Should You Stay with Someone Who Doesn’t Want to Get Married?

long term

Should You Stay with Someone Who Doesn’t Want to Get Married?

Sometimes you are at a point in a relationship where you are so in love, everything seems perfect. You and your partner have been together for quite some time and you are expecting things to progress. But when you broach the idea of marriage, the other person gets anxious or defensive. Perhaps they don’t believe in marriage. Maybe they’ve been down that road before. Or maybe you get a noncommittal “we’ll be married, someday” without a hard date to count on. If you are with someone who is eluding your efforts to get married, or just says they don’t believe in it, while you do, what do you do? You could hand them an ultimatum, either marry me or I will find someone who will. But that usually doesn’t end well. Should you stay with someone who doesn’t want to get married? That depends on a number of factors. First, are they against marriage in total or just marrying you? If the relationship is mutually beneficial, warm, open, loving and stable but marriage is against your partner’s personal philosophy then you can negotiate and come to some sort of compromise. If this person is just biding their time with you until someone better comes along then this person is not the one for you.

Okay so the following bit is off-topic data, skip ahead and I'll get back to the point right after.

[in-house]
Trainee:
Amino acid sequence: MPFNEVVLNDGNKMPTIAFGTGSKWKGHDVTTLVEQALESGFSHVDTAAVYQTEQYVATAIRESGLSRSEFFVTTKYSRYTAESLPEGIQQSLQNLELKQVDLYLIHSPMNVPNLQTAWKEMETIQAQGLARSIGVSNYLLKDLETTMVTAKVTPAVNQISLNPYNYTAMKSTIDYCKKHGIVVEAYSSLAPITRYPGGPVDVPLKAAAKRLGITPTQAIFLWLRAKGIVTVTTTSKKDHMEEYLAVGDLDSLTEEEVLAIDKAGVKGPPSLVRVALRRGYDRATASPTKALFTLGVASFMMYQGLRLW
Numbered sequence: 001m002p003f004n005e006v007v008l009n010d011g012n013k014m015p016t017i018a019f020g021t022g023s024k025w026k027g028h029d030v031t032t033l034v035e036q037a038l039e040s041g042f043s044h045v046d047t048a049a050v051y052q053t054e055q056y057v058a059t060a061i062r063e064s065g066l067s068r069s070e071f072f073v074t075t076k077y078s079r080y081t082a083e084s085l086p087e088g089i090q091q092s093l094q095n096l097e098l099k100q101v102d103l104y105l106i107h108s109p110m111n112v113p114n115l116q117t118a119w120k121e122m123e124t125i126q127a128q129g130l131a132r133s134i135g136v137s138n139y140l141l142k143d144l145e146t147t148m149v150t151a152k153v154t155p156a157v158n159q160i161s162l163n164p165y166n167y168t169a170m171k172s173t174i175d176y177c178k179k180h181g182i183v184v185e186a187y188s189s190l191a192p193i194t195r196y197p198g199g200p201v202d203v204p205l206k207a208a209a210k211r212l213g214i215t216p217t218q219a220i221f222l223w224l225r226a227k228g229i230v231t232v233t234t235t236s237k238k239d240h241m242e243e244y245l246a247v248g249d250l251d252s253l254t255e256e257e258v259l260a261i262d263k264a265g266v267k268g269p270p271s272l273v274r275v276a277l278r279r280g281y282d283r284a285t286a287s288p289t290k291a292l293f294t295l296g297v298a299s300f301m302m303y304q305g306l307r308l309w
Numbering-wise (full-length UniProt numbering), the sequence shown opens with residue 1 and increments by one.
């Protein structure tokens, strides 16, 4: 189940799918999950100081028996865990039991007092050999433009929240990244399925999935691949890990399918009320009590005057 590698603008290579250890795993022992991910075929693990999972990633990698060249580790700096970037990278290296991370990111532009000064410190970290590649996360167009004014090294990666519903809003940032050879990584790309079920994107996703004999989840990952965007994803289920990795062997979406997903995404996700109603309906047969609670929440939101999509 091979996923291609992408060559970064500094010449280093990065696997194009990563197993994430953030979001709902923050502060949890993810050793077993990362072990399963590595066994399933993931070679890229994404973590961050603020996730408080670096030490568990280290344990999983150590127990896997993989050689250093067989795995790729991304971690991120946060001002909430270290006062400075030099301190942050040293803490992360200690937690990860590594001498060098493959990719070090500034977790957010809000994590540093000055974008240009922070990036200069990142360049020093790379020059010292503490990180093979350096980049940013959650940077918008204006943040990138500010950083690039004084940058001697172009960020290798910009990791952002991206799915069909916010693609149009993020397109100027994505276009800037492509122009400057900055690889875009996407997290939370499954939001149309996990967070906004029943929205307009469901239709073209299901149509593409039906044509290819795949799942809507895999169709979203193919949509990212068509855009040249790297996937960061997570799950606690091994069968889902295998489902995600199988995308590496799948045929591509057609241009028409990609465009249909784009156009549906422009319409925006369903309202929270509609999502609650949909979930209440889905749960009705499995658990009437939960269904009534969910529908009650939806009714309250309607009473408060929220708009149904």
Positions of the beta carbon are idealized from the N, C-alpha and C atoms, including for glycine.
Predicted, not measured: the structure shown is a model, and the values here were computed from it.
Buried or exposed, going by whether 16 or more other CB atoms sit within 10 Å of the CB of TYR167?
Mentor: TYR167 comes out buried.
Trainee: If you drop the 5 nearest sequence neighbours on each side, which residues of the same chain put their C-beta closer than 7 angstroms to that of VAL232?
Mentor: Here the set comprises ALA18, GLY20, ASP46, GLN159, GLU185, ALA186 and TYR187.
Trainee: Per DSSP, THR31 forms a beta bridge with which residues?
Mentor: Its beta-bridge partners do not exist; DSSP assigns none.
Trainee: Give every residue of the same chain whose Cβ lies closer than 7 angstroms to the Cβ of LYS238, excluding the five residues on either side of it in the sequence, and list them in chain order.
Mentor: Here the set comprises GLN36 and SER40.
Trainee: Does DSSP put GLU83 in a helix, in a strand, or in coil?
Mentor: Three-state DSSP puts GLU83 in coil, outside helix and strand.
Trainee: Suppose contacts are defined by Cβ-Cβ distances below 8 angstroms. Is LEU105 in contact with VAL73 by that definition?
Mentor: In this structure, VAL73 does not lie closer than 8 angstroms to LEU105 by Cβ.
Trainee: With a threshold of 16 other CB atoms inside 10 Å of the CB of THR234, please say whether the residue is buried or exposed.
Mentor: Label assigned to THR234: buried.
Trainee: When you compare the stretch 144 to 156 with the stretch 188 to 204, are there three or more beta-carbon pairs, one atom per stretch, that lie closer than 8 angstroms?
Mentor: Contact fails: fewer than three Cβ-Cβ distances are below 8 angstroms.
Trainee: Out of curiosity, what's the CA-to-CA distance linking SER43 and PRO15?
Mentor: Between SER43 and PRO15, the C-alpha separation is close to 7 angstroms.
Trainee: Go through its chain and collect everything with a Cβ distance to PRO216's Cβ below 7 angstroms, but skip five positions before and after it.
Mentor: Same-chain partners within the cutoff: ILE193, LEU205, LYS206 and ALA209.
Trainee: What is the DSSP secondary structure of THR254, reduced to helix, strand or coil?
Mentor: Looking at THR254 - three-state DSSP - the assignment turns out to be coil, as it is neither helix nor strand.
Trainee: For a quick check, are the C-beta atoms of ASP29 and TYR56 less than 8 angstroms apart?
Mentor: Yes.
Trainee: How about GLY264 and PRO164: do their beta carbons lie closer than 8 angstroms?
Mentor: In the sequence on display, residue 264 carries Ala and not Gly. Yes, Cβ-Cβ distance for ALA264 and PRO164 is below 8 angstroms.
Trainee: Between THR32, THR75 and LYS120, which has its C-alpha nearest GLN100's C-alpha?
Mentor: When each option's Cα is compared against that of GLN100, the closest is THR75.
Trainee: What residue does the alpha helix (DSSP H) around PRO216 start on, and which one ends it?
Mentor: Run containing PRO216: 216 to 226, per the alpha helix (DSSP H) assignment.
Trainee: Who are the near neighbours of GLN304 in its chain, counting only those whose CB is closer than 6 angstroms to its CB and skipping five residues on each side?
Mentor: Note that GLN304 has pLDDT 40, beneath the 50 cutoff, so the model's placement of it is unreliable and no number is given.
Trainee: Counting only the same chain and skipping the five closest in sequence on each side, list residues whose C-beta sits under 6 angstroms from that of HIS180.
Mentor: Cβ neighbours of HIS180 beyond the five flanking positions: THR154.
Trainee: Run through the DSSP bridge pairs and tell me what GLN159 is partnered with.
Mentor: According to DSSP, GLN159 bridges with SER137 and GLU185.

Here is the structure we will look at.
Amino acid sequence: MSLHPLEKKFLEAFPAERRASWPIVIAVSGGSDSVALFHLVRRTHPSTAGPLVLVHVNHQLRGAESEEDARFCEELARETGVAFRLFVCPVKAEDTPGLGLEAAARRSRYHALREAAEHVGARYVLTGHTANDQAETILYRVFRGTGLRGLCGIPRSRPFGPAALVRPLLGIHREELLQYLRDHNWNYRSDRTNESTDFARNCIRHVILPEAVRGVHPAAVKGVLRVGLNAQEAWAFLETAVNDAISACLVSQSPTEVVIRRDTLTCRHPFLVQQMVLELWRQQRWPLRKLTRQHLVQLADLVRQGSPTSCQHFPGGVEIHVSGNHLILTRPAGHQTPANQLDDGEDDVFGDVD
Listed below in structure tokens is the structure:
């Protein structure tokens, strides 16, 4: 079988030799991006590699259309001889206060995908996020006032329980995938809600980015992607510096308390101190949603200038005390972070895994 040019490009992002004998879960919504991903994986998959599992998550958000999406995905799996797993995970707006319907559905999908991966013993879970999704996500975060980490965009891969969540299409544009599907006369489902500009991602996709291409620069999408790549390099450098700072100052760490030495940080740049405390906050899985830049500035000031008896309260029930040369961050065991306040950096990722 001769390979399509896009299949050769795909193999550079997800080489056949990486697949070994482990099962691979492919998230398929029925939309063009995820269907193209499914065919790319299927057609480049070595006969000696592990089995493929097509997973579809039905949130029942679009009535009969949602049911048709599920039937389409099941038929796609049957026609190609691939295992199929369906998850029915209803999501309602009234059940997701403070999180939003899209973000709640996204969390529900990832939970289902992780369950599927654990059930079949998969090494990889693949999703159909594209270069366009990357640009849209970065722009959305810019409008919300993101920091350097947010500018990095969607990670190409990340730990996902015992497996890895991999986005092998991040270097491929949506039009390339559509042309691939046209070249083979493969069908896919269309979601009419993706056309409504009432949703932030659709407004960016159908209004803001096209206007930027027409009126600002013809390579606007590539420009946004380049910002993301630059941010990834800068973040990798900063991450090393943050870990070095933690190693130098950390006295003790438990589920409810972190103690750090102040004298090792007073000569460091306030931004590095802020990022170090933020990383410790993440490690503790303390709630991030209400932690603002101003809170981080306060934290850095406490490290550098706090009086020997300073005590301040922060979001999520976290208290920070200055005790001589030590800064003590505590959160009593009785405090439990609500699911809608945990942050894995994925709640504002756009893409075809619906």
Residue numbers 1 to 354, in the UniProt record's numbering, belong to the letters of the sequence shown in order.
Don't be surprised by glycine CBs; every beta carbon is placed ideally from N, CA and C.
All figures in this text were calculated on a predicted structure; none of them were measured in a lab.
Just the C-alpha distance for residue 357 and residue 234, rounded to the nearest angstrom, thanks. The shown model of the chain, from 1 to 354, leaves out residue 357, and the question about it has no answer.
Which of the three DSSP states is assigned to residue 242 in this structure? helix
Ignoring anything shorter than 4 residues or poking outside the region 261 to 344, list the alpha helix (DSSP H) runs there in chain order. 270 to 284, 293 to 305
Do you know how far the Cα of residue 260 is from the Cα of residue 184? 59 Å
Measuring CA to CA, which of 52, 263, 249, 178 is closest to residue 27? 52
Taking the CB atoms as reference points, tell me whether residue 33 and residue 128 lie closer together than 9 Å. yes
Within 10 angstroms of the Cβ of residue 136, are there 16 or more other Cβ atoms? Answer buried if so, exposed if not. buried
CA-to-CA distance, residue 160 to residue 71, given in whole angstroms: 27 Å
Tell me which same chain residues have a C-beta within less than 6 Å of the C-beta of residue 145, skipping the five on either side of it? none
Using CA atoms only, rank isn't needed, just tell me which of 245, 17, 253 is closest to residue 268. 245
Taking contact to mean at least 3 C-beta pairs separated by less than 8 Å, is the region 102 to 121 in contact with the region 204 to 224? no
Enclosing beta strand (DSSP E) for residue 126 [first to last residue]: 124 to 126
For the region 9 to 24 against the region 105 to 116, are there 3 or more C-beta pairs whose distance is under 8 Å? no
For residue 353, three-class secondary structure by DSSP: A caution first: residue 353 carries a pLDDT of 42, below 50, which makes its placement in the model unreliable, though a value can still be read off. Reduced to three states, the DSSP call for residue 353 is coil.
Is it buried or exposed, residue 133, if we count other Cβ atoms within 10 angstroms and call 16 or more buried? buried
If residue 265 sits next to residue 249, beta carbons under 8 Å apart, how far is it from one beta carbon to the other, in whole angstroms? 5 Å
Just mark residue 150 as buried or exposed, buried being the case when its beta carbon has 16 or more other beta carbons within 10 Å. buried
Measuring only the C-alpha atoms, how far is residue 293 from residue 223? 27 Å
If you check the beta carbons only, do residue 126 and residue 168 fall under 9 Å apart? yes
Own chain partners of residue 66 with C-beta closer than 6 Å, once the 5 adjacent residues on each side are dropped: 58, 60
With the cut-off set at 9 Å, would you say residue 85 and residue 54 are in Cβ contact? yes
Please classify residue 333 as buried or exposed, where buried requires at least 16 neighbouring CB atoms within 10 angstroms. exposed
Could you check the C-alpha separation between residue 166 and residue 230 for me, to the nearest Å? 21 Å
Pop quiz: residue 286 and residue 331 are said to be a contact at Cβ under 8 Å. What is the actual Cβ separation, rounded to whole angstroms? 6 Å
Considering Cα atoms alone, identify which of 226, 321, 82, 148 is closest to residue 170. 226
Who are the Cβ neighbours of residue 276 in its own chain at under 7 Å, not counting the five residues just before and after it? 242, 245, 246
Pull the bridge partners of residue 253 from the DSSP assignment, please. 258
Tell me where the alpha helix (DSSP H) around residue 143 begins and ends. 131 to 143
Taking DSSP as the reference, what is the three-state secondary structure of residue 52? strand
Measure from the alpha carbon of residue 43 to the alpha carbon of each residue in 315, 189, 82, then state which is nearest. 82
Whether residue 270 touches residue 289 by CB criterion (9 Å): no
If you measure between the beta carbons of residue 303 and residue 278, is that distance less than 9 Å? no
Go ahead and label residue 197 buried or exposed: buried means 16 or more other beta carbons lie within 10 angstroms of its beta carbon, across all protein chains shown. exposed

Another important thing to do is to search your feelings about marriage. Why is it that you feel as though you need to get married? For some, it has something to do with their culture or religion. Others are being pressured by a family member. It could be something you have always dreamed of. Or it might be because all of your friends have gotten married. Start to uncover what your real feelings are about getting married and why you feel that way. It will give you a better perspective on why it is so important to you and how to address the issue. If you just want to walk down the aisle, have a great reception and be the center of attention, think of the aftermath. You are supposed to spend decades of life with this person, living side-by-side. So you want to make sure your desire to get married is genuine. Then consider the person themselves. Is this who you really want to spend the rest of your life with? Do they love you? Are they supportive? What’s the communication situation like? How is the sex? If you were both thrown into a crisis situation together, would your relationship make it through? You don’t want to set yourself up for divorce.